# Force - Time graph Question

by aham925925
Tags: force, graph, time
 P: 30 Hi everybody, I was given a set of physics problems and some of them ask us to find work. The problem is, we are given a force-time graph as opposed to a force-distance graph. My question was whether there was a way of finding work done using a force-time graph. I don't see how it could be done and i haven't found anywhere where you can do it but I have a feeling it can be done. Does anyone know? Please reply either if it can or can't be done... Thank you
 P: 47 Not if the force and dt are the only info given...
 P: 47 Sry, ignore my last post. Yes, you can.
P: 30

## Force - Time graph Question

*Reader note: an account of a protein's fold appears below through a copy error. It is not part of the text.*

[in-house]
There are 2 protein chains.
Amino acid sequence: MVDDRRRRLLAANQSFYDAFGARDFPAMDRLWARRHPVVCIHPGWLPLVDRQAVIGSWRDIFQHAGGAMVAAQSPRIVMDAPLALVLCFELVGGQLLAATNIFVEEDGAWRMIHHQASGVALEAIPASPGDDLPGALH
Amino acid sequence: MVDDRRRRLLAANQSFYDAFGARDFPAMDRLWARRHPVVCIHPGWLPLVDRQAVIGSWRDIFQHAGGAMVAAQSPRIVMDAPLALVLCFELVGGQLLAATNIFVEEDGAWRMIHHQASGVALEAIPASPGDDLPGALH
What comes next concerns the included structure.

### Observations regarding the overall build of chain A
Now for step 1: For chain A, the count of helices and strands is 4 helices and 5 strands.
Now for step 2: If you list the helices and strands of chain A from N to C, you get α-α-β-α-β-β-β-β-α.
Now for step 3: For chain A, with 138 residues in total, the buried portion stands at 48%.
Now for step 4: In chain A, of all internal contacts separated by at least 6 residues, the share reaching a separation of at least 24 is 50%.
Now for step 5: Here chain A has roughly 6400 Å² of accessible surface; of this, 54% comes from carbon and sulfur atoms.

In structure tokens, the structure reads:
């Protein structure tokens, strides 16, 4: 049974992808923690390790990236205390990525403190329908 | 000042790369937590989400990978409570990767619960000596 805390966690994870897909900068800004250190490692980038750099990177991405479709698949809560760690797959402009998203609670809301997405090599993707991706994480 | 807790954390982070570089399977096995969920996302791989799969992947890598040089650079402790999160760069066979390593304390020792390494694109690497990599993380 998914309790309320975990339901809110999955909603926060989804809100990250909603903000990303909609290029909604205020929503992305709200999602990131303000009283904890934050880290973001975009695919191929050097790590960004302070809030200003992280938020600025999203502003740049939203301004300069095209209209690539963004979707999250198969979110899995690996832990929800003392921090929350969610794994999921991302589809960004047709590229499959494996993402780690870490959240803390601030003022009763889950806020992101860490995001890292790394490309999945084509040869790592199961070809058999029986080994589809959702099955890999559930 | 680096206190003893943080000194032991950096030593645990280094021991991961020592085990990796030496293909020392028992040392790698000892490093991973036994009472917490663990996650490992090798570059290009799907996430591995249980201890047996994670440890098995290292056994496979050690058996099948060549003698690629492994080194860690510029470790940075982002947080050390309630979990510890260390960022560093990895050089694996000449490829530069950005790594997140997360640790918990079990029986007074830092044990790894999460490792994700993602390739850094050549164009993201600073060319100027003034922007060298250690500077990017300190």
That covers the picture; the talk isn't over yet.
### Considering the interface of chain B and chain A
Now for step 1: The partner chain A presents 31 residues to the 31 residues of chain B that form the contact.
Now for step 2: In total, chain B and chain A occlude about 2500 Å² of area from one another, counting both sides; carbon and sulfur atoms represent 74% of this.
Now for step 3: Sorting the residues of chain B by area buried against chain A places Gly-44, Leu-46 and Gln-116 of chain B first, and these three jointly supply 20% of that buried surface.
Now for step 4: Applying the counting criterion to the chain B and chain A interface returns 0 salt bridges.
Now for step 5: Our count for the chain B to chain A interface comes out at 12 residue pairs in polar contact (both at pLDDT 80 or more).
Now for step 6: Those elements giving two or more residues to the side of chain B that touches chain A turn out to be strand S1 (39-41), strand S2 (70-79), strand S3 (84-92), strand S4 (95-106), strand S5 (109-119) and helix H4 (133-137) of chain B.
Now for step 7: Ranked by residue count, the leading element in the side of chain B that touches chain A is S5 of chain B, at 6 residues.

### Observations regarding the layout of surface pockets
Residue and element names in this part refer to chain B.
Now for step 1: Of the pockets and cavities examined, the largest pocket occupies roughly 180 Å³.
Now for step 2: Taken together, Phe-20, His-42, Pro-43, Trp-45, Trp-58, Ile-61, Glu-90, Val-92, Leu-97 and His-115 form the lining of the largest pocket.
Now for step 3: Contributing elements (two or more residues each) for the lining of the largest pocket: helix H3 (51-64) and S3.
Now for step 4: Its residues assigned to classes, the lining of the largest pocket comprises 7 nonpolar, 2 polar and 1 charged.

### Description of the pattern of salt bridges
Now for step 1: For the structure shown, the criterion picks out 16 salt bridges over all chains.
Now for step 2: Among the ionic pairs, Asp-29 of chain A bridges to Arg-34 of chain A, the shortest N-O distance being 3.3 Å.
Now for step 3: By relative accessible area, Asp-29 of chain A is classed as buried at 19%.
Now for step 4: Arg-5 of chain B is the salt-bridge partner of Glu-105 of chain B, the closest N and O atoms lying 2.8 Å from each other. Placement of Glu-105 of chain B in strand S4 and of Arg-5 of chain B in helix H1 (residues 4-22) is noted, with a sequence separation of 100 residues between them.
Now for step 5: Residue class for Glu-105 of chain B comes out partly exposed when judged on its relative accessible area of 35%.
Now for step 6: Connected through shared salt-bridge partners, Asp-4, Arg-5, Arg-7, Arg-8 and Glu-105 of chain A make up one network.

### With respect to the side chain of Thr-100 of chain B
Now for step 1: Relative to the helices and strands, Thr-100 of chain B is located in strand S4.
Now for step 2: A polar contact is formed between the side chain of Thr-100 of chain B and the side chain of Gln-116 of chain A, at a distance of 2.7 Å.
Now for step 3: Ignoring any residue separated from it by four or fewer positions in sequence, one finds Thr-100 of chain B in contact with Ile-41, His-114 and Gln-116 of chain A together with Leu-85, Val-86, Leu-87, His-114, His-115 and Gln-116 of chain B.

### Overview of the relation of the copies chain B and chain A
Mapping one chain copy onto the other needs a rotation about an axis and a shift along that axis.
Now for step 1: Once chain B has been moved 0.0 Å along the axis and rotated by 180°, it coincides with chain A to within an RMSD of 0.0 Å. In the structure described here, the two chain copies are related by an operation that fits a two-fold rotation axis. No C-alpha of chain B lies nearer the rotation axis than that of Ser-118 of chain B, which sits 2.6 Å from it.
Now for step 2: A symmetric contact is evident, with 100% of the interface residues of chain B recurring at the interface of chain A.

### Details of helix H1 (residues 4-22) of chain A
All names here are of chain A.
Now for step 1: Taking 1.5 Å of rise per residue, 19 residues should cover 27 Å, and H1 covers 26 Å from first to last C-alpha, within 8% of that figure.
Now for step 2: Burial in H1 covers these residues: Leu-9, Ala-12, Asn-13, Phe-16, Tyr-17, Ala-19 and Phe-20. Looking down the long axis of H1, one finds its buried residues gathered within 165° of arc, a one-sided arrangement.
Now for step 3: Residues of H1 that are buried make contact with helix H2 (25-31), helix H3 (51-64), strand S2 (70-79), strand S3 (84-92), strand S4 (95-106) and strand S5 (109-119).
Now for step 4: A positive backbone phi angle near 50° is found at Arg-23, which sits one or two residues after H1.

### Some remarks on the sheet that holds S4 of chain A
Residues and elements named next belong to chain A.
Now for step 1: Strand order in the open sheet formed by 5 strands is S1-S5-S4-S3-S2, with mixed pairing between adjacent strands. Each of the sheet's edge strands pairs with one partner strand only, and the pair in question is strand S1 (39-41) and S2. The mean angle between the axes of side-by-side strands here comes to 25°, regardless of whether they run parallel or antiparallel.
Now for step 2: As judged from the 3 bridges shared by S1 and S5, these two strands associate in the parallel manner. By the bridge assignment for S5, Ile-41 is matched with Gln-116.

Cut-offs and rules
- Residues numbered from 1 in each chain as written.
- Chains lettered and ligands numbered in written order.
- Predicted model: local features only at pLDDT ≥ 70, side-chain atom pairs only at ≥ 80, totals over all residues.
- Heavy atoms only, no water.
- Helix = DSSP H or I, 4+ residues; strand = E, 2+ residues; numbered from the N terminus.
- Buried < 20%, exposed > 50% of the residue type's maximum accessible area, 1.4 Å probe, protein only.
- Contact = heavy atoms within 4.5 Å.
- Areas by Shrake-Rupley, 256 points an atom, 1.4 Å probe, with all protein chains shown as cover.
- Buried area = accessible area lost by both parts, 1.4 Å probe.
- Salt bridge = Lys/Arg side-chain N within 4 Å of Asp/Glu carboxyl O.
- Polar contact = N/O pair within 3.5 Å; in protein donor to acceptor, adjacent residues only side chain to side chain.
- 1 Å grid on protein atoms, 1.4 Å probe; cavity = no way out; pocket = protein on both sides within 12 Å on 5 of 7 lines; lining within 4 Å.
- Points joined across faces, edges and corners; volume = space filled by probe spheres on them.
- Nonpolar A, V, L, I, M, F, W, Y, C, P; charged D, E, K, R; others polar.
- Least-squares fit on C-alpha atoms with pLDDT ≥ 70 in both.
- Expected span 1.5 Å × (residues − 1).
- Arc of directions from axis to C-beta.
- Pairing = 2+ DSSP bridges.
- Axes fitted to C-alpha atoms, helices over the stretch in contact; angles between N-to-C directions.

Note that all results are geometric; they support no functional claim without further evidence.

Sorry, how can you find it out?

I tryed the area under the graph but that doesn't work
 P: 30 Sorry, how can you find it out? I tried the area under the graph but that doesn't work
 P: 47 What kind of force-time graphs are they? I'm guessing they're impulse graphs (large force over relatively short period of time); if so, you can assume the impulse approximation. What does this tell you about the work done (or more precisely, the distance traveled due to a force)?
 P: 30 Yes, they are graphs with large forces over small amounts of time. I'm sorry but I can't see the connection between this graph and work and/or distance. If it helps, one of the questions talks about a railway engine of x mass moving from rest along a straight track. It then gives you the force-time graph.
 P: 30 It's ok now...I've figured out the answer Thanks everyone for your help
 P: 7 Hi, I have the same question as you. How did you find the work done using force - time graph?? Thanks.

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